Within months of Hitler becoming Chancellor, Germans began turning each other in to the Gestapo. To demonstrate they were right minded Germans to be sure, but also to advance agendas and settle scores. It got so bad, Hitler complained in 1933 of the nation's " mean spirited" temperament.

This episode is the journalistic version of that. Every Boston based reporter, it seems, has to prove his or her bona fides fides by assuming a 15-year reign of corruption under BB.

It's not just Volin. Sadly this extends to many others including Bob Ryan and Jackie Mac, who one would think have no agendas to advance.
 
It's a testament to the times that people seek to bolster credibility through having a position that makes one look reasonable vis-a-vis latent subjectavity rather than through use, like, work--interviews, leather on concrete, evidence, asking quesitons of smart people, etc. PoMo media.
 

notfar

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Ben Volin just printed some rumors someone told him without investigating at all, which is exactly what Rolling Stone did. He is such a stupid fuck.
 

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AB in DC said:
In other words, he gets paid to say what his clients want him to say.
 
I think this is a good point that requires no further elaboration.
 
We really don't need every member of the board crying that lawyers are schills and journalists are trying to be heard in the cacophony of the modern age of the internet that hasn't shaken out yet, do we?
 
Please don't make us try to mod such, yes?
 
Please? If y'all want, maybe start a "Let's all emote!" thread in P&G or something?
 

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bowiac said:
I don't quite get this. Would Taibbi's criticism have more merit if he wasn't working for Rolling Stone?
Someone who worked somewhere else could possibly be forgiven for the hyperbole.

If he were freelance? If he were working for the London Review of Books?
 
Taibbi isn't doing any reporting of his own; that's when your brand-affiliation matters, as you ask people to trust your sources and the completeness of your reporting. And I agree, someone from Rolling Stone doesn't necessarily have the best leg to stand on right now if they're asking the public to trust them. But that's not what Taibbi is doing here. Taibbi's criticism stands on its own merits.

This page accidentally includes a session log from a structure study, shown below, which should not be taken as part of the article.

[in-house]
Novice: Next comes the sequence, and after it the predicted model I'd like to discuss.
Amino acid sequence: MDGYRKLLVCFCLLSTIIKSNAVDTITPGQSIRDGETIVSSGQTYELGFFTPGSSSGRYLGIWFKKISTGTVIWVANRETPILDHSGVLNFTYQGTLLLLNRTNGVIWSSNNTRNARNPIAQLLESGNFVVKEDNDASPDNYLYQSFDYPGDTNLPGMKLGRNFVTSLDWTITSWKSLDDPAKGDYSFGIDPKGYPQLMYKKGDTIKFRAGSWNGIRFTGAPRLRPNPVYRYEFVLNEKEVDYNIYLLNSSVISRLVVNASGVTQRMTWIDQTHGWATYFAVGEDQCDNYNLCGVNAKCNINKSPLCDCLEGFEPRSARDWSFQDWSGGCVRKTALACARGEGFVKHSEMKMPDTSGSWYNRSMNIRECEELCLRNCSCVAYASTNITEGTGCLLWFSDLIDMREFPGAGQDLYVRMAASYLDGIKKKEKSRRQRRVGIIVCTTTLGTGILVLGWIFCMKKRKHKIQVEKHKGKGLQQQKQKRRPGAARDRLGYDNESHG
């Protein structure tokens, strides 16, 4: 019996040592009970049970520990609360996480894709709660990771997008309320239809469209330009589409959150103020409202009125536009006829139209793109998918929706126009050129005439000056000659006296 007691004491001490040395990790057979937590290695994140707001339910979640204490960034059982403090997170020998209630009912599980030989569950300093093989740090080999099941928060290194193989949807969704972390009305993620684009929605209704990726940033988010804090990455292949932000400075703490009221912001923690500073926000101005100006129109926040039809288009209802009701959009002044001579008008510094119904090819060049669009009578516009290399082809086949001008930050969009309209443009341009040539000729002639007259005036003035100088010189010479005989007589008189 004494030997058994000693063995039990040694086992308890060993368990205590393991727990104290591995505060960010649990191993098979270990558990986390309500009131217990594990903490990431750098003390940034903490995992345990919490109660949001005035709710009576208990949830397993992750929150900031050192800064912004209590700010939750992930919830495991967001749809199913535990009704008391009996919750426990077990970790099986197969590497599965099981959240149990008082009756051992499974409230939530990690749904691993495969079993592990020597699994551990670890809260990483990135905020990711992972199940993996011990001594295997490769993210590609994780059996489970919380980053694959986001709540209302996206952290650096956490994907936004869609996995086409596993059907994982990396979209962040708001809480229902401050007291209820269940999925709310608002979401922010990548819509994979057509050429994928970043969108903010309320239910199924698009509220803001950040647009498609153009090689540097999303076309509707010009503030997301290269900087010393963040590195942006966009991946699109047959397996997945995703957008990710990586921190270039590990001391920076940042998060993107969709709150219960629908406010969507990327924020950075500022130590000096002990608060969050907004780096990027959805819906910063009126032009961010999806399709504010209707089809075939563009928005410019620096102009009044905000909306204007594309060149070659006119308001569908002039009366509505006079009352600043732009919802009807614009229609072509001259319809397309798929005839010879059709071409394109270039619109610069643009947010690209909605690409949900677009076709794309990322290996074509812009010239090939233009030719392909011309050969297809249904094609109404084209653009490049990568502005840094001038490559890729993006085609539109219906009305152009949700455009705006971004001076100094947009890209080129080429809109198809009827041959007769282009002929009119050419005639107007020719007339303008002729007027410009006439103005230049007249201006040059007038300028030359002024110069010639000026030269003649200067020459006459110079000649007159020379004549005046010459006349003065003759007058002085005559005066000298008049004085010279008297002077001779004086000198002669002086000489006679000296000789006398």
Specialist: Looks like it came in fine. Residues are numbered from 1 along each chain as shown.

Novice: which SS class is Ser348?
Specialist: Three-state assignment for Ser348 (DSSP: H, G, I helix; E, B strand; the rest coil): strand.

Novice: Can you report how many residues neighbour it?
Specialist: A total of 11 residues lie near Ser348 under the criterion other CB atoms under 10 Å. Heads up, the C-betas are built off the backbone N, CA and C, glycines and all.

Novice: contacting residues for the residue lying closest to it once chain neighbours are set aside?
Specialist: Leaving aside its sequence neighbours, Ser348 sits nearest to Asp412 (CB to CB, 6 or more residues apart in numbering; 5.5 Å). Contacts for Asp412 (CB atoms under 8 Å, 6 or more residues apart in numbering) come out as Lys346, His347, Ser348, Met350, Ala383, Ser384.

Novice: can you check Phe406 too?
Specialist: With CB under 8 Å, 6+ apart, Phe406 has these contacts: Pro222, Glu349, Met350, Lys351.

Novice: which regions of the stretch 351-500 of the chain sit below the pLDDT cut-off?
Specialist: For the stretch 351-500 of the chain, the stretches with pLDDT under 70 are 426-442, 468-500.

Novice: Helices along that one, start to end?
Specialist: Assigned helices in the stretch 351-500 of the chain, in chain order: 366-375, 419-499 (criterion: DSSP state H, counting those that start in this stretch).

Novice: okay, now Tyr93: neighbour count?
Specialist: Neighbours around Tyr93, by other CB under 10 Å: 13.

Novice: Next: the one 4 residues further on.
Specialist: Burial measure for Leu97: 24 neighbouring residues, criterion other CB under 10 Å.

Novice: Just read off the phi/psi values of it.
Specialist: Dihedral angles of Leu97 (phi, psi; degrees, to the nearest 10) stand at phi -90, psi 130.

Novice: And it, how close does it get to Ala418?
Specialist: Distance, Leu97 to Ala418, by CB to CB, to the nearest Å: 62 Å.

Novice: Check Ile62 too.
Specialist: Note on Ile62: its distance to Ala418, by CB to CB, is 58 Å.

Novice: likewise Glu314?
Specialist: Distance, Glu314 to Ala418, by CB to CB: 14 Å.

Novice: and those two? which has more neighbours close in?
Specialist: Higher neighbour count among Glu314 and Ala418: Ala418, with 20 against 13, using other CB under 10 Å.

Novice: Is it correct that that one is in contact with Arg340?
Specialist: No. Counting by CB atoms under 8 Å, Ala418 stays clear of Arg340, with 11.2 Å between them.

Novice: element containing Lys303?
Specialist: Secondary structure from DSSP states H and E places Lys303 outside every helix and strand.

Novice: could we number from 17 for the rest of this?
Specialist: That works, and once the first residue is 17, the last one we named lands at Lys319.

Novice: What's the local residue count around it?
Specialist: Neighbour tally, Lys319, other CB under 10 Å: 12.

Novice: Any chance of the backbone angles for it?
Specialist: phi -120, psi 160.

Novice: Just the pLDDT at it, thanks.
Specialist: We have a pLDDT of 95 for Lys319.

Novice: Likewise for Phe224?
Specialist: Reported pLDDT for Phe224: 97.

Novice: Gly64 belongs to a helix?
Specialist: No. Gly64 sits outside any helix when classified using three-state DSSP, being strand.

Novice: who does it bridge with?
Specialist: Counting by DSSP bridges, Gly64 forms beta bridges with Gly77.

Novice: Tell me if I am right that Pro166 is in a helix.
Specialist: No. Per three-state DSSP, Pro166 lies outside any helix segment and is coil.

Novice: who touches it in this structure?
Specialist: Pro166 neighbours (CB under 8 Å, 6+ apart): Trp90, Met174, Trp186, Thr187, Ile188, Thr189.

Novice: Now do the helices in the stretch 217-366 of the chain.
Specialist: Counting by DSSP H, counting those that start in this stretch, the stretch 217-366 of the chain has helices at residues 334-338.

Put another way, I don't see what Rolling Stone has to do it with.
Well, is what Rolling Stone did lower than what Volin did? The answer is yes, by several orders of magnitude.

So we haven't discovered a new low. Taibbi's both wrong and remarkably silly.

And there is nothing particularly new about what Volin did; it's run of the mill reporting by innuendo that is actually one of the less egregious offenses of ethics associated with just this story.

So he's wrong on both prongs. Again, anyone would be objectively wrong, but it's particularly stupid to buy stock in an exaggeration quarry when your employer buys windex by the gallon.
 

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There is no Rev said:
 
RS has not covered itself in glory of late, but Taibbi's relentless work on the financial collapse was pretty fucking awesome at a time when the "real journalists" were playing hookie. As such, I think Taibbi has a real gripe at anyone trying to indict him on the basis of where he's based.
Taibbi's excellent in a lot of ways. I personally think a lot of The Great Derangement is pretty slimy, but it's not my field, and I don't know enough of the background to push too far on that.

My point is that Taibbi's in a particularly bad position to be claiming that a journalist somewhere else is using Nigel Tufnel's amp.